The FDA Approves a Third Device in the TAVR Race

The Portico self-expanding graft has obtained FDA approval and can now compete as one of the three options available in clinical practice for transcatheter aortic valve replacement (TAVR) in the United States. For the time being, its indication will have some restrictions: for example, it can only be used in high-risk patients (unlike CoreValve and Sapien, both FDA-approved for the whole spectrum of patients).

La FDA aprueba un tercer dispositivo que entra en la competencia del TAVI

The results of the open, prospective trial were first presented during the TCT 2019 Congress, showing that the Portico valve reached non-inferiority against the other two devices approved for clinical practice.

At the time, the composite primary endpoint of safety (all-cause mortality, disabling stroke, life-threatening bleeding, acute renal failure requiring dialysis, or vascular complication >30 days) occurred in 13.8% of patients treated with the new device vs. 9.6% of patients treated with the traditional devices (pfor noninferiority = 0.03).

For the composite efficacy endpoint (death and disabling stroke at 1 year), the Portico valve reached 14.9% vs. 13.4%; it was also non-inferior (p = 0.006).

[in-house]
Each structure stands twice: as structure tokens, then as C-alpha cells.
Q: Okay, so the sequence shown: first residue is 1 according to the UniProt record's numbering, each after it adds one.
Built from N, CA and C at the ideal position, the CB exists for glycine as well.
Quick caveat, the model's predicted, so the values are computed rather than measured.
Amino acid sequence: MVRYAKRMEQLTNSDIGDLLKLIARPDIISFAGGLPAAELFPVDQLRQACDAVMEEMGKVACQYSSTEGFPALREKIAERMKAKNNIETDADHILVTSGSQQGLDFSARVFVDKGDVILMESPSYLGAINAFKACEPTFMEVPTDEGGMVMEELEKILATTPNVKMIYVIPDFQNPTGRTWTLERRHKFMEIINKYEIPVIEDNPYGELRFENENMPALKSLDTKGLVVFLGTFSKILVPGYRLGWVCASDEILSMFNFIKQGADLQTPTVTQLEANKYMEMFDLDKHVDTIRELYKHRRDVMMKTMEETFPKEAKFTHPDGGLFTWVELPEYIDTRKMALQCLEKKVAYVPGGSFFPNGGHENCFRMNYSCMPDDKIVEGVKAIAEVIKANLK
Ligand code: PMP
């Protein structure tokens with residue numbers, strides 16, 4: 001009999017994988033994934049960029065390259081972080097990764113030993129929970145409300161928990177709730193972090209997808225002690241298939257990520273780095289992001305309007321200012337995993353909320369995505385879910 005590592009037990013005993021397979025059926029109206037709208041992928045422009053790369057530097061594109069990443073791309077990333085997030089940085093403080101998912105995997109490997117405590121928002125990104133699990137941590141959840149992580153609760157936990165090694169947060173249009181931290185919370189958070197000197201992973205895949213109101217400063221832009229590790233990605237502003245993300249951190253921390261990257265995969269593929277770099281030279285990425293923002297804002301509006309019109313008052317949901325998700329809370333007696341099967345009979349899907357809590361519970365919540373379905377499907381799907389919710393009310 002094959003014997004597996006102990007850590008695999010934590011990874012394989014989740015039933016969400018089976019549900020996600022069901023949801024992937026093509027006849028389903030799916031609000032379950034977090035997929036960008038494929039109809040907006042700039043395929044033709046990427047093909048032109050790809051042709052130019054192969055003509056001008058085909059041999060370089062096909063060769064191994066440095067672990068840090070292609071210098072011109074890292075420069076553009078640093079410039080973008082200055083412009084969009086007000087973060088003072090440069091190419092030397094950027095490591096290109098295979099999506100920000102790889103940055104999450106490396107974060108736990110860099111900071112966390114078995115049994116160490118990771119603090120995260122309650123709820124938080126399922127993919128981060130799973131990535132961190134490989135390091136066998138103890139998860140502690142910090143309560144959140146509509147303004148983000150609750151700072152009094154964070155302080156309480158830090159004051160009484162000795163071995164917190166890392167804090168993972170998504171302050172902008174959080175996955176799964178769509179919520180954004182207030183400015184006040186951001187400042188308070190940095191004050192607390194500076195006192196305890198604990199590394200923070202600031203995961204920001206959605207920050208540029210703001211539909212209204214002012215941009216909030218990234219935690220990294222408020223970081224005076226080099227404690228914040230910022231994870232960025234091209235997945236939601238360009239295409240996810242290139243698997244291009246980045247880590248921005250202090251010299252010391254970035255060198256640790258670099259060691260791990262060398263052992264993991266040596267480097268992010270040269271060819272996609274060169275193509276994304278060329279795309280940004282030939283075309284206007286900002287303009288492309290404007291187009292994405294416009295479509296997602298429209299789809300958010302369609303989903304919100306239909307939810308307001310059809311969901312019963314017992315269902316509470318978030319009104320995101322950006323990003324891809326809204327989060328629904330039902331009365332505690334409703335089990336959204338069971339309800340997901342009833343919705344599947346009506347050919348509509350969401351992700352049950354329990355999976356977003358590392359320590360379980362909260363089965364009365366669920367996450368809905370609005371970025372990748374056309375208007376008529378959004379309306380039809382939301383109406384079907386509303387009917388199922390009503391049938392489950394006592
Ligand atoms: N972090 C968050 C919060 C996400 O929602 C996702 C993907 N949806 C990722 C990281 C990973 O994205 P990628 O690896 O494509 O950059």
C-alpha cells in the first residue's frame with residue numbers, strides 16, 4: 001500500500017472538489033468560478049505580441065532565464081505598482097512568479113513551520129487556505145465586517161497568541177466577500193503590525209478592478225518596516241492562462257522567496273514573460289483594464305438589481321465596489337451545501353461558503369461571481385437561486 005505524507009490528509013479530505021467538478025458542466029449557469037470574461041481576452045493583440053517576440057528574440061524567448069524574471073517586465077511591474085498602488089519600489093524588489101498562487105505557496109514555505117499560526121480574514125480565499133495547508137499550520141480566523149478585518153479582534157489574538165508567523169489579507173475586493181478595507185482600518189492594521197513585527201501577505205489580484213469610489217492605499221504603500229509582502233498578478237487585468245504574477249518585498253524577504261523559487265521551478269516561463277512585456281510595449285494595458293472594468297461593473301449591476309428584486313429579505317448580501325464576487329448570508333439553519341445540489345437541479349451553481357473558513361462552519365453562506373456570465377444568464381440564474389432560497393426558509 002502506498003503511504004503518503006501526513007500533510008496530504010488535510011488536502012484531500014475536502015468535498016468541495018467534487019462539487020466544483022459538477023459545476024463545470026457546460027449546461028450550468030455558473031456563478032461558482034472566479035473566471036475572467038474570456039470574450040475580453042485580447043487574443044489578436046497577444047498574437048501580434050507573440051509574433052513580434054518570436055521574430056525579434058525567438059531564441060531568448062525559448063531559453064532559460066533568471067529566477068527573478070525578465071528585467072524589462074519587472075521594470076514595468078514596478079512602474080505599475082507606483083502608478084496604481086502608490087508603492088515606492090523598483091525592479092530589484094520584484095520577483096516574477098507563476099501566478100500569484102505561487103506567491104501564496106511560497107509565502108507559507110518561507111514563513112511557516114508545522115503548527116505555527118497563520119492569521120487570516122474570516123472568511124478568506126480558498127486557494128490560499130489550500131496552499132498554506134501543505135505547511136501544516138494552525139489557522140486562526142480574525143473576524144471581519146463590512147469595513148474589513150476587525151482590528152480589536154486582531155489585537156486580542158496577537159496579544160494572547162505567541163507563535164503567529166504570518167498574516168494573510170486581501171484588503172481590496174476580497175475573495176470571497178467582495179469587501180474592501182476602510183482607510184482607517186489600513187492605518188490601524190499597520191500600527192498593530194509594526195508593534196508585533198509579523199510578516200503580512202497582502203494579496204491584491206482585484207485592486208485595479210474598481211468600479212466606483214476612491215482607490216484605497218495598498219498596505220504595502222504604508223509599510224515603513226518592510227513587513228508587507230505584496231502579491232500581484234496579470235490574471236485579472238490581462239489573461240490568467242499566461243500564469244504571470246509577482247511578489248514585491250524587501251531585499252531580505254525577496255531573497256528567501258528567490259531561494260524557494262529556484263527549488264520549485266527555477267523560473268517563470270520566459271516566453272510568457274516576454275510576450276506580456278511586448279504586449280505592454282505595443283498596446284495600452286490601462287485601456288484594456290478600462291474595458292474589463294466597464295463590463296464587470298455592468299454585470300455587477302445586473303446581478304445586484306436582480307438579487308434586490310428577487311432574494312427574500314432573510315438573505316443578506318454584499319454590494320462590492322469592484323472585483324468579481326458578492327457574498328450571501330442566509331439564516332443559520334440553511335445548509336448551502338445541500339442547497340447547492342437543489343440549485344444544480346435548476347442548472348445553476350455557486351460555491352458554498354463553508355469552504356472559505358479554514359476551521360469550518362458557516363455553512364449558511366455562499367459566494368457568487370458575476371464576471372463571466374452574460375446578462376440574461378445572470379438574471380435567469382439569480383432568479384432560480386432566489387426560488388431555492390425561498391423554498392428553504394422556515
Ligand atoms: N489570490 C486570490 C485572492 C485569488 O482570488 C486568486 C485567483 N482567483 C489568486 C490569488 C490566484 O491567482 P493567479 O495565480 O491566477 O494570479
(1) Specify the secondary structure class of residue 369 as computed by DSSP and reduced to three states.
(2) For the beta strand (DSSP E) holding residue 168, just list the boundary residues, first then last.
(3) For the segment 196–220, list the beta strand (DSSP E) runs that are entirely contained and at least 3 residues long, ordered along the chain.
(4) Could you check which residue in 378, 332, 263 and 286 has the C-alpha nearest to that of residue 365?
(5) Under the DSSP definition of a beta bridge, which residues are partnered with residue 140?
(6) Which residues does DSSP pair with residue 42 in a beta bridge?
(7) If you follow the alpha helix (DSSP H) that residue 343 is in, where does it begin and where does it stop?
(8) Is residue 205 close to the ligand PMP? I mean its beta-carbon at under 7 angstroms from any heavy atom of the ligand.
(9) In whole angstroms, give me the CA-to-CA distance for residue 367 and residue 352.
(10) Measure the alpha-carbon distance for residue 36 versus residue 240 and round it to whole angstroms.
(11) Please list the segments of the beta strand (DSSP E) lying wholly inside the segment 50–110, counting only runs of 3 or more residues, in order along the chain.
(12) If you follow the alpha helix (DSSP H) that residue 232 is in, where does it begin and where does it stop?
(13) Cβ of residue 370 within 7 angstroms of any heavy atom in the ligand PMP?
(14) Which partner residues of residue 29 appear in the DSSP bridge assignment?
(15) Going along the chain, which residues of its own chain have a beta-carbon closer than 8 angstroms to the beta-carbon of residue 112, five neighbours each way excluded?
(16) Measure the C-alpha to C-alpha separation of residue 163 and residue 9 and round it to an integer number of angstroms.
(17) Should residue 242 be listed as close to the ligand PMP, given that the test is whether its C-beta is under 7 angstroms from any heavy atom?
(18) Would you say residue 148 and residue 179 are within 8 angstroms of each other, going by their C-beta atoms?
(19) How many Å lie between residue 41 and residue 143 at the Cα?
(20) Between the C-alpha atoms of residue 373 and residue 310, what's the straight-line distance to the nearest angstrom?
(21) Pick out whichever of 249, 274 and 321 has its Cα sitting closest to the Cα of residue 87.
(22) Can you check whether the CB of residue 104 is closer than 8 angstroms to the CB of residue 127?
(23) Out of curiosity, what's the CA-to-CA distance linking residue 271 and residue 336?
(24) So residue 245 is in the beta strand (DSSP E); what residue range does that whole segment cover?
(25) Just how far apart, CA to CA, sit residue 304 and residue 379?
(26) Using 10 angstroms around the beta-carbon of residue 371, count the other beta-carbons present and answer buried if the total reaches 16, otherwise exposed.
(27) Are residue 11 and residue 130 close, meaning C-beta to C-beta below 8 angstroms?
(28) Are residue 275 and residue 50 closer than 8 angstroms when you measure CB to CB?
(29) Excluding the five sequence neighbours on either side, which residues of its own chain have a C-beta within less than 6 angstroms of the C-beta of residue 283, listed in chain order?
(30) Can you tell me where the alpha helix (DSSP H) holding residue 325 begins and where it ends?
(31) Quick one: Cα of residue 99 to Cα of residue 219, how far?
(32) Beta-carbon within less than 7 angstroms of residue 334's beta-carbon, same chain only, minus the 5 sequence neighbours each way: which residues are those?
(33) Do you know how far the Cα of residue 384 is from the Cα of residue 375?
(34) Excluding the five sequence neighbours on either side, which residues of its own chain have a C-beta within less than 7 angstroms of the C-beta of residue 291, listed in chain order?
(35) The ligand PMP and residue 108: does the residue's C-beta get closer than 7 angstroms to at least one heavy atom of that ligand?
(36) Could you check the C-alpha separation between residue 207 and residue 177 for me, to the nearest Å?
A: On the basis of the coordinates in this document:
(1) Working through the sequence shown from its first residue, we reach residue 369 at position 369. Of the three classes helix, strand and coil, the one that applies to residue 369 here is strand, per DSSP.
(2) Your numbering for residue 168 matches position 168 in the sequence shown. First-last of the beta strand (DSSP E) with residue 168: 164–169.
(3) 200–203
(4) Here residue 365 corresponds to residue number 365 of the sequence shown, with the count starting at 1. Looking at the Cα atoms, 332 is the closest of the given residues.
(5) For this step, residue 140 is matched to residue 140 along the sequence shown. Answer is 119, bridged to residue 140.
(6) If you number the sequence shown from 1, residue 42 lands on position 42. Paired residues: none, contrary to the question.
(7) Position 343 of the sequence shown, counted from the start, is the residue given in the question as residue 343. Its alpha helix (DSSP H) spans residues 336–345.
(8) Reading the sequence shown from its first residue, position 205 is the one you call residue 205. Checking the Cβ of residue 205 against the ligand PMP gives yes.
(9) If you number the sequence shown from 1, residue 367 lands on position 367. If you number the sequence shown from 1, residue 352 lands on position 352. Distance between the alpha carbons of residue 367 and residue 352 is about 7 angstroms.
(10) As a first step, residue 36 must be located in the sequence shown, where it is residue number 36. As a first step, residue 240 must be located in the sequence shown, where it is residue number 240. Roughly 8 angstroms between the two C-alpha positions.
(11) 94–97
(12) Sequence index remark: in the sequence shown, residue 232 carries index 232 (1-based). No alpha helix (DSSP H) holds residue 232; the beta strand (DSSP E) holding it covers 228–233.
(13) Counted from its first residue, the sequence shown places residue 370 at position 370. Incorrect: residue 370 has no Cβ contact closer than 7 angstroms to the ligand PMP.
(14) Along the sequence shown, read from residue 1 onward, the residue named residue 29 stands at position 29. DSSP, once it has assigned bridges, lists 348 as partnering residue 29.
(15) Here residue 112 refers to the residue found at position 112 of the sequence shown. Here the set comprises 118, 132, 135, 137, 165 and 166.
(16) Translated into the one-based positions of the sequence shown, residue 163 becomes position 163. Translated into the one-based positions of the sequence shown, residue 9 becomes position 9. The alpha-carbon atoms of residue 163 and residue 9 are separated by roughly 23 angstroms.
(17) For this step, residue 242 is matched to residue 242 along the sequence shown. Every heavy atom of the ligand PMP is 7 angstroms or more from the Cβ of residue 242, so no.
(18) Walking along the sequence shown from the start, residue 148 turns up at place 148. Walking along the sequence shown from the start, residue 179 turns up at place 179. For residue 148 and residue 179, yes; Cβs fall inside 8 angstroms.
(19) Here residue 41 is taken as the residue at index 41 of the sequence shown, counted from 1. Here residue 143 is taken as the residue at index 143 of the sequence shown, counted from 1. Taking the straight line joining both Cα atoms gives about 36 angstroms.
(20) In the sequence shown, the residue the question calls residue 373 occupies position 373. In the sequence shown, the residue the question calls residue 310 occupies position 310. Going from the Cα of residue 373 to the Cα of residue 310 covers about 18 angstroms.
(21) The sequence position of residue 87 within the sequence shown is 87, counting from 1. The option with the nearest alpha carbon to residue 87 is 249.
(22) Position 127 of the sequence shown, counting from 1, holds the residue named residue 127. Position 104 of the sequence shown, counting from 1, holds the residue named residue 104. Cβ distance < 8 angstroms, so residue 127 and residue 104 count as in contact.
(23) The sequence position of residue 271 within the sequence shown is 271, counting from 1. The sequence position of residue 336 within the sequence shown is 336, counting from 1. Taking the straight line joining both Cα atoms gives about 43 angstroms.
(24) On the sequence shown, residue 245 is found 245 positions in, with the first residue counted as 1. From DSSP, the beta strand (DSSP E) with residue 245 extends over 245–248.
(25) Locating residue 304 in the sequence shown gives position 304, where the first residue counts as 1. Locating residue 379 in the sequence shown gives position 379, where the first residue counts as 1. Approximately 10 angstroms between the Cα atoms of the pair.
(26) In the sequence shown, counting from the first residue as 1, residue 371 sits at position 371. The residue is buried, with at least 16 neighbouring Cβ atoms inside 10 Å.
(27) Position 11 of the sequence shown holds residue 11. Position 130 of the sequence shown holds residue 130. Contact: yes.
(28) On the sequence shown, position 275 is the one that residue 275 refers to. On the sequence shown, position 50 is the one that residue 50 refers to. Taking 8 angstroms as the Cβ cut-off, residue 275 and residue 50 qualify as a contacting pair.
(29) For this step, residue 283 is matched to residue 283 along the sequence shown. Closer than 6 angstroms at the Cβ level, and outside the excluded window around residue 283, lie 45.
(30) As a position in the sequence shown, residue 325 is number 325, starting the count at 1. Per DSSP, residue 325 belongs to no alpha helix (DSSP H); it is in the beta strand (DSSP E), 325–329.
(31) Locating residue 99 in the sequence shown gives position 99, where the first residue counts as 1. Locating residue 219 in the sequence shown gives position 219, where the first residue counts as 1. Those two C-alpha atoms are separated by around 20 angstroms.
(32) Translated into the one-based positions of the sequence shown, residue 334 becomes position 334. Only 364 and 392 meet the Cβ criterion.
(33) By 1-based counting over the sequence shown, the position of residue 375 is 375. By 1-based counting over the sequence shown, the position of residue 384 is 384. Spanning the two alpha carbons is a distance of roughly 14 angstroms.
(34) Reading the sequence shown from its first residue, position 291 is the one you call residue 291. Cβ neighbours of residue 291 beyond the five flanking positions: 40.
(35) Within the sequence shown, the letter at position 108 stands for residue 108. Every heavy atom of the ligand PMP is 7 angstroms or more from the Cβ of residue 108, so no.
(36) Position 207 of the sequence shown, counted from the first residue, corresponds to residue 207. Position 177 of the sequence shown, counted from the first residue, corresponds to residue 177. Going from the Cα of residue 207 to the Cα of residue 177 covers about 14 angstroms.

Additional data on the Portico were published during the London Valves that very same year. The Portico 1 study showed at 2 years an all-cause mortality rate of 19.7%, a cardiovascular death rate of 9.6%, and a stroke rate of 3.1%.

The pacemaker implantation rate was high—22.3% at 2 years—, although identical to that reported at 1 year.

Read also: TAVR and Anticoagulation: Direct Anticoagulant Agents or Vitamin K Inhibitors?

Moderate and severe leaks generated controversy and skepticism. At 2 years, their rate was 1.5%—far from the 7.8% reported at 1 year. These data clearly need more research in every sense of the word.

From now on, the Portico system joins the CoreValve/Evolut self-expanding family by Medtronic, and the Sapien balloon-expandable family manufactured by Edwards.

In total, three devices have been approved for use in clinical practice. What will be next?

Read also: The latest scientific articles on TAVI published on our website.

Boston Scientific had obtained FDA approval for the Lotus; however, after several issues, and because of its complexity, Boston dropped the device redesign and withdrew the valve from the market. Now all of Boston’s efforts are aimed at Acurate Neo2, a much simpler self-expanding system than the mechanically expandable Lotus. Will Acurate be the star of the next announcement?

Original Title: Abbott receives FDA approval for minimally invasive Portico with FlexNav TAVR system to treat patients with aortic valve disease.

Reference: Abbott, 20 de septiembre 2021.

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